Why Integration Should be Every Business’s Buzzword in 2014

What one department of your growing company has the power to hold your business decisions hostage?

The Information Technology (IT) department.

Heading into 2014, the need to integrate business processes with information technology infrastructure has become an overwhelming concern for most business owners. Technologies like networking, data warehousing, adhoc applications, and legacy systems may have been implemented in the past without regards to business processes, but instead of improving performance, the technologies made running the company less flexible, more costly, and far more complex to manage. With this in mind, companies are now prioritizing business integration as the primary strategy to determine whether a technology will be advantageous for a company in the long run or not.

How to Implement Integration into a Business Model

Business integration is not an a la carte affair. It’s more like planning the meal at a wedding reception. Every department, whether it is IT or Human Resources should have a specific function, those functions should complement each other, and when it’s all put together it should serve the bottom line of the business model. If someone wants fish instead of chicken or needs a high chair at their table, it shouldn’t upset your entire business plan to accommodate these slight requests. Here are a few ways to make your business more flexible, less costly, and more efficient with integration:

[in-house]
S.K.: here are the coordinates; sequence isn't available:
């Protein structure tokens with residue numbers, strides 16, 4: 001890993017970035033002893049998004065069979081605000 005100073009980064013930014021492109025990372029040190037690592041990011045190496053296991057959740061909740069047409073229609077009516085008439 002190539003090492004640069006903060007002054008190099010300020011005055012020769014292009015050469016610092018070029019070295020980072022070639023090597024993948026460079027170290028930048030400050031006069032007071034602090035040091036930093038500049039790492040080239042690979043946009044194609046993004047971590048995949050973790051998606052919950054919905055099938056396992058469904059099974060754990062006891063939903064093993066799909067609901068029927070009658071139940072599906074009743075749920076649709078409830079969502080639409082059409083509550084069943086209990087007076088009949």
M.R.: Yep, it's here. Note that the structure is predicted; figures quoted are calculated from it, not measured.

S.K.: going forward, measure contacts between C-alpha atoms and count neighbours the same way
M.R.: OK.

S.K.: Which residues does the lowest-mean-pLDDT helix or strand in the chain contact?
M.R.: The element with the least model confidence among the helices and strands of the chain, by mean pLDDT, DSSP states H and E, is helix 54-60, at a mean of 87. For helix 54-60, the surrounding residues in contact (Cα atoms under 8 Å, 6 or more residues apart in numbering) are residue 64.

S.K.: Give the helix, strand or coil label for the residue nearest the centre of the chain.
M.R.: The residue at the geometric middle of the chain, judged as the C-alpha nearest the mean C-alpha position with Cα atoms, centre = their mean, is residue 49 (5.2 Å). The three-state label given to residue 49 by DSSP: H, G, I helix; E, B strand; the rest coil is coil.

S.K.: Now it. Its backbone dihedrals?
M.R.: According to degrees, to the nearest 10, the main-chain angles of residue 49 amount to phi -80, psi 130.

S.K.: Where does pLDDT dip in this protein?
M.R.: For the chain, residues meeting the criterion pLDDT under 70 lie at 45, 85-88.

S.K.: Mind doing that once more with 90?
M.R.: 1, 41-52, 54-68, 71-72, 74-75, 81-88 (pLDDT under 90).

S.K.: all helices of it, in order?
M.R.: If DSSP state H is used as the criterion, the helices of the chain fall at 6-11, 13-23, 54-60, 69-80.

• Look to the Clouds – Businesses who have adopted cloud strategies and Software as a Service (SaaS) models have been able to cut their IT costs dramatically while making their business more adaptable to changing markets. Instead of opting for proprietary and legacy systems (which require huge upfront investments in infrastructure), you can lease someone else’s expertise, many companies now offer integration services like portfolio management or customer relations management, and infrastructure for a fraction of the cost of building your own.

  • Prioritize Business Decisions First – If you see an acquisition or merger in the future, it’s time to think business integration now. Staff your company appropriately to avoid layoffs. Manage the resource consolidation to maximize business integration.

  • Make Sure the Tool Fits the Process – How is this new app that IT proposes going to help achieve better performance? How will it impact other departments? If the tool fits the goals and objectives of one department, but fails in the overall integration with other departments then it shouldn’t be allowed.

  • Choose Multi-Purpose Apps and Systems – Can your app help IT as well as customer service? If so, it should be considered. Websites can be used for order fulfillment and field sales questions, too. Think double-duty software.

If you are unsure how a new technology will impact your overall business processes, you can try a trial run. Make sure to do a business health check-up as it is running to determine how it impacts sales, IT, deliverables, and customer satisfaction. When you see evidence of positive results with this new strategy, you can focus on automating it as another way to reduce errors and increase efficiency.

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